SEVERAL budding players are showcasing their prowess in top-level Test cricket contests these days.

If Yashasvi Jaiswal’s stupendous double hundred against ‘Bazballing’ England enabled India to come back in the home series, Shamar Joseph’s raw pace and swing against Australia in their own backyard reminded many of West Indies’ glory days. And one can’t take anything away from Rachin Ravindra for the outstanding double ton, his first in Tests, against a second-string South Africa.

Joseph may never be able to repeat the sensational seven-wicket show he produced in Brisbane, the world Test champions’ happy hunting ground, but the precisely-executed bowling by the rookie pacer — who had made his Test debut in the preceding game at Adelaide a few days ago — was a perfect show of overpowering flair.

Pakistan too contains loads of cricketing talent but its system is riddled with several flaws, and therefore its players — and subsequently the team — continue to underachieve in top-shelf games. No wonder very few of them manage to get a foothold.

Not long ago, Pakistan were in Australia where the Shan Masood-led side suffered a traditional 3-0 series sweep. However, there were bright spots in the form of Aamer Jamal, Saim Ayub, Abdullah Shafique and Khurram Shahzad. Unfortunately, none of them could manage to extract a victory, or even came close to doing so.

Even at home in 2022, Pakistan suffered back-to-back home Test series losses to Australia (1-0) and England (3-0) and barely avoided another early last year against New Zealand. It’s obvious many of Pakistan’s players have not been able to shine in big games whereas teams like India, New Zealand and England have improved miles in recent years.

Take the cases of Jaiswal and Saim. Both are left-handed openers of nearly the same age, and are almost equally belligerent; their stats in domestic cricket have a number of similarities. While Jaiswal on his Test debut against West Indies struck a sedate yet match-winning 171 in Roseau last year, Saim in his debut Test (his only so far) at Sydney had scores of zero and a rapid 33. There is a world of difference between the strength of current West Indies bowling and that of Australia particularly Down Under, no doubt. Still, one feels, it is the mindset that defines a player and his team. And a player’s positive mindset for success needs to be backed timely by an encouraging system comprising top management, selectors, captain and coaches.

Will Saim, or for that matter any other gifted Pakistan player, get an extended run in Test cricket? The southpaw’s bold, innovative strokeplay in white-ball signifies his go-get it stance. Moreover, if a record match-winning double century and century in the 2023 final of the Quaid-e-Azam Trophy, Pakistan’s premier first-class contest, cannot convince the selectors to give this batter proper chances, then what will?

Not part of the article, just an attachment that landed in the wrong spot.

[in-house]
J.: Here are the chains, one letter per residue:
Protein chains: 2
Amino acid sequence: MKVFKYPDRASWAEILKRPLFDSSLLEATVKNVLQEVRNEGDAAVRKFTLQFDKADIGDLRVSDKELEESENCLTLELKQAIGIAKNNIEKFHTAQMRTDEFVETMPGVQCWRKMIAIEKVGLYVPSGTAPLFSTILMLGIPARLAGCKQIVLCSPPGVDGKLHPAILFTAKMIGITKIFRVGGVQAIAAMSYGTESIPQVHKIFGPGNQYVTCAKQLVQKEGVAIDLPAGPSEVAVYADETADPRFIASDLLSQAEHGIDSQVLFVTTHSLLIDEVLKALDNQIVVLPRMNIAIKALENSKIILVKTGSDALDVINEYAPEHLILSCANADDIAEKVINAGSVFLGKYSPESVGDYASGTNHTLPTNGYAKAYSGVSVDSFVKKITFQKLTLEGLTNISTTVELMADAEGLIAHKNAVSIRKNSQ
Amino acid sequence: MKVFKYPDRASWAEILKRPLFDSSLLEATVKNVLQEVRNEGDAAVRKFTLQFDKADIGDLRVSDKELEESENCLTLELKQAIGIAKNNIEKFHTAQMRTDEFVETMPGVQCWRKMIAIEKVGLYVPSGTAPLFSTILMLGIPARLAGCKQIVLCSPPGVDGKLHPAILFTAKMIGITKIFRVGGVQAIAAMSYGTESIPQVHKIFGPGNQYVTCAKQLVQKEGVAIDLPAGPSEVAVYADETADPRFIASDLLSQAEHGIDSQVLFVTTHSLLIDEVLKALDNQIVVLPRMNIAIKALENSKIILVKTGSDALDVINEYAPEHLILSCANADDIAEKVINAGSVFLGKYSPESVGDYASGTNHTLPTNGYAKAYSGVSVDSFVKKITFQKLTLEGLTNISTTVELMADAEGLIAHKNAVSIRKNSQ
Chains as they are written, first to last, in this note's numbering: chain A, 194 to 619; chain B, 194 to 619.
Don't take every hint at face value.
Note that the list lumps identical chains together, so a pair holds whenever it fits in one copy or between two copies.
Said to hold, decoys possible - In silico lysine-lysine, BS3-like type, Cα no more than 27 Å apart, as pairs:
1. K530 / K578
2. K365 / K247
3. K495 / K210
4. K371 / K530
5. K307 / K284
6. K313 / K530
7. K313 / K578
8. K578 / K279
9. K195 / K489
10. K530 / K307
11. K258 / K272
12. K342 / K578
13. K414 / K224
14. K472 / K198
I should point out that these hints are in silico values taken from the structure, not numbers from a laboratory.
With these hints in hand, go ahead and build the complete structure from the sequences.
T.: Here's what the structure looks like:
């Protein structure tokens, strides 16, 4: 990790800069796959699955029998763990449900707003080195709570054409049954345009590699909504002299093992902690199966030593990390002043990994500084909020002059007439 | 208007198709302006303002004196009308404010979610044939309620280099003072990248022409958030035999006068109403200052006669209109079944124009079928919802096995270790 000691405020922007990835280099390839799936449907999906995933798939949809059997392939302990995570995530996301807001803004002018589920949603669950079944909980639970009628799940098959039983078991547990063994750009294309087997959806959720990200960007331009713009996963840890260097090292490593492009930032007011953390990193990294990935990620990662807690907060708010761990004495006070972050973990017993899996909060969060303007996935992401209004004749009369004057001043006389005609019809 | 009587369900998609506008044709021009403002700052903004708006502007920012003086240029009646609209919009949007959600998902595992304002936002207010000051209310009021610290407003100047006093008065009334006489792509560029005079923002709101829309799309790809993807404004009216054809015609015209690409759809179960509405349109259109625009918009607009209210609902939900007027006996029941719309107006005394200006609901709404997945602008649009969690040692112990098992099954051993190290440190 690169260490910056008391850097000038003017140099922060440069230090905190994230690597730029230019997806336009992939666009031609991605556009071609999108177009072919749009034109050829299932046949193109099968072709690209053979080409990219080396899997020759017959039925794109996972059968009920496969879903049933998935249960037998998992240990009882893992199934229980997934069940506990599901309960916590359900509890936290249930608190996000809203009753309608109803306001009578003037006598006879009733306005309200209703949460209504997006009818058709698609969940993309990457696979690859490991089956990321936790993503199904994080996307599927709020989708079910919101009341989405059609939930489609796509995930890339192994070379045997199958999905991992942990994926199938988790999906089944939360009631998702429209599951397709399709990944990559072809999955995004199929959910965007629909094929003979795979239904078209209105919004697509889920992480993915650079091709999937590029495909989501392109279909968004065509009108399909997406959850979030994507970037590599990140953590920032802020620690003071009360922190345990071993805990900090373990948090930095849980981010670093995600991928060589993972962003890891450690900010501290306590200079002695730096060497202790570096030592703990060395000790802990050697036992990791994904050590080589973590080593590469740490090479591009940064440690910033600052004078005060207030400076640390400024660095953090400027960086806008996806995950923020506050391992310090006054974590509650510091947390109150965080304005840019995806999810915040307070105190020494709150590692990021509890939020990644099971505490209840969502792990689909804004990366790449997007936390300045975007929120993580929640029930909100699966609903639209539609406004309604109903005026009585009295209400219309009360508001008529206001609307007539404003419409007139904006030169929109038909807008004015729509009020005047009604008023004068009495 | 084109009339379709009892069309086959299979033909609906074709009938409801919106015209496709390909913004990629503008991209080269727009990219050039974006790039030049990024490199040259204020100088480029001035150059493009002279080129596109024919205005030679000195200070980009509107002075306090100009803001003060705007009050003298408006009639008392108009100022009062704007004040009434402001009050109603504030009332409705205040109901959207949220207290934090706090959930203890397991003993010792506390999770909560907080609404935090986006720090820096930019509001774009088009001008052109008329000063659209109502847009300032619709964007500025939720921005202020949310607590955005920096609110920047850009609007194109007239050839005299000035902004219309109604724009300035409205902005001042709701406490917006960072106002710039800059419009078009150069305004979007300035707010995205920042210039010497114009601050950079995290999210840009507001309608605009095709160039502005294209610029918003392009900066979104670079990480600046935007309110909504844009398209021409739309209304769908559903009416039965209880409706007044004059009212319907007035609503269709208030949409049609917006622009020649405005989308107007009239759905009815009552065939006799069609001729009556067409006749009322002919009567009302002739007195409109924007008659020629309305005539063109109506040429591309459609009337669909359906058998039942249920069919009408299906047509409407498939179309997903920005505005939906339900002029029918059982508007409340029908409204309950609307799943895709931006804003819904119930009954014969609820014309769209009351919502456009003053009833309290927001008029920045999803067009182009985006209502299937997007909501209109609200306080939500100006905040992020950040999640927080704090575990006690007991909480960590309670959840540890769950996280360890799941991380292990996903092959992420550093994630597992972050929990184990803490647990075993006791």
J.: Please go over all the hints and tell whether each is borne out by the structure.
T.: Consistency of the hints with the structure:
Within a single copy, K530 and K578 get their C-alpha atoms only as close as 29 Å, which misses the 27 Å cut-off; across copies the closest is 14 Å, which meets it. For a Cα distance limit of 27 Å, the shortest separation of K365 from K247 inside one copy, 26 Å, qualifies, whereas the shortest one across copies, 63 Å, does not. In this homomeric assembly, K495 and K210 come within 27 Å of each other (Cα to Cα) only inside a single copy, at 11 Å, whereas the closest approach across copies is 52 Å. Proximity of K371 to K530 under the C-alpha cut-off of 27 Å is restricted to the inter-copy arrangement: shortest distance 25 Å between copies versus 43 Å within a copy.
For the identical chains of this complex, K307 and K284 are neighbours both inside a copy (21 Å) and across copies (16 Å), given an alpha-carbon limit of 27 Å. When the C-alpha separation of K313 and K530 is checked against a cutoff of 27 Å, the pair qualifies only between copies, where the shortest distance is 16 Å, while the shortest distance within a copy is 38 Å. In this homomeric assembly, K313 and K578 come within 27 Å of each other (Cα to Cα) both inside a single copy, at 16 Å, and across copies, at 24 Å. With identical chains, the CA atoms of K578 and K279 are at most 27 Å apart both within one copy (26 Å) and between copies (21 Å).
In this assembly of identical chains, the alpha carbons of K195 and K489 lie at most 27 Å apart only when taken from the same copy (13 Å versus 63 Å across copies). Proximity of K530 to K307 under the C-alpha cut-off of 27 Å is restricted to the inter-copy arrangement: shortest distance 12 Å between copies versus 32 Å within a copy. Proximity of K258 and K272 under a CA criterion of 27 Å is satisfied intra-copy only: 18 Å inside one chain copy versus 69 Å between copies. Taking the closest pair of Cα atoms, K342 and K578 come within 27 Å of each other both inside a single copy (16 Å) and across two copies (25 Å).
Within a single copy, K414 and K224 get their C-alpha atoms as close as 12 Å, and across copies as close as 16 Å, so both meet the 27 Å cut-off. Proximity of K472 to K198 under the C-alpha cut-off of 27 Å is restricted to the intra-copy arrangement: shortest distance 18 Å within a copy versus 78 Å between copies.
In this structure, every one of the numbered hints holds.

Jaiswal is not the only success example in contemporary Indian cricket. K.L. Rahul, Shubman Gill and Shreyas Iyer have developed through a system that gives appropriate time and freedom to its players. Jasprit Bumrah’s impressive and steady rise to the top of ICC Test bowlers’ rankings is another classic example of the productive way Indian cricket system has progressed.

Has Pakistan cricket in recent years raised a batter who can replace Babar Azam, if need arises, for a couple of top-level international games? Take it another way: will our team management rest any main player of the national team to give chance to any deserving youngster, without putting him under the pressure of ‘perform now or face the axe’?

Gill and Jaiswal in Virat Kohli’s absence (in the first two Tests of the ongoing England series due to personal reasons) showed their structure’s solidity which does not depend on just one or two players.

Left-handed Ravindra, who transformed himself as a world-class top-order batter in the 50-over World Cup staged in India late last year, is another success story.

After failing to reach even 20 in any of the six innings of his first three Tests against India and Bangladesh, the 24-year-old finally shone with a scintillating 240 last week in Mount Maunganui where he was playing a Test after a gap of more than two years.

He did it despite shifting from slam bang limited-overs games to enduring five-day format. More importantly, the system kept faith in him and he delivered.

Similarly, who can dare overlook — other than the great Kane Williamson — the likes of Daryl Mitchell, Mark Chapman, Tim Southee, Trent Boult, Kyle Jamieson and many others who through accurate management have raised New Zealand from mere pushovers to top-class competitors in all three formats.

Reaching the grand finale of the 2019 50-over World Cup and winning the 2021 World Test Championship decider against India were the highest points of New Zealand cricket which it has pretty much sustained.

The present West Indies cannot boast of anything but raw talent that rarely dazzles, but if Cricket West Indies works on developing its players on professional lines the Caribbean team can surely regain at least some of its pride. Anyway squaring the series against Australia on their soil is no mean feat.

Mohsin Raza Naqvi, the recently elected chairman of the Pakistan Cricket Board, will head the fourth PCB regime in the last 14 months. Change of guard at the highest level can and does have an effect on the game management as well as the players.

The PCB, if it wants the team to compete and win against the best in business in an evolving international cricket landscape which has made a very traditional England undergo massive overhaul in its game, will have to genuinely invest in up-and-coming talent on consistent basis. Otherwise Pakistan will continue to lag behind in top-notch contests.

Published in Dawn, February 10th, 2024

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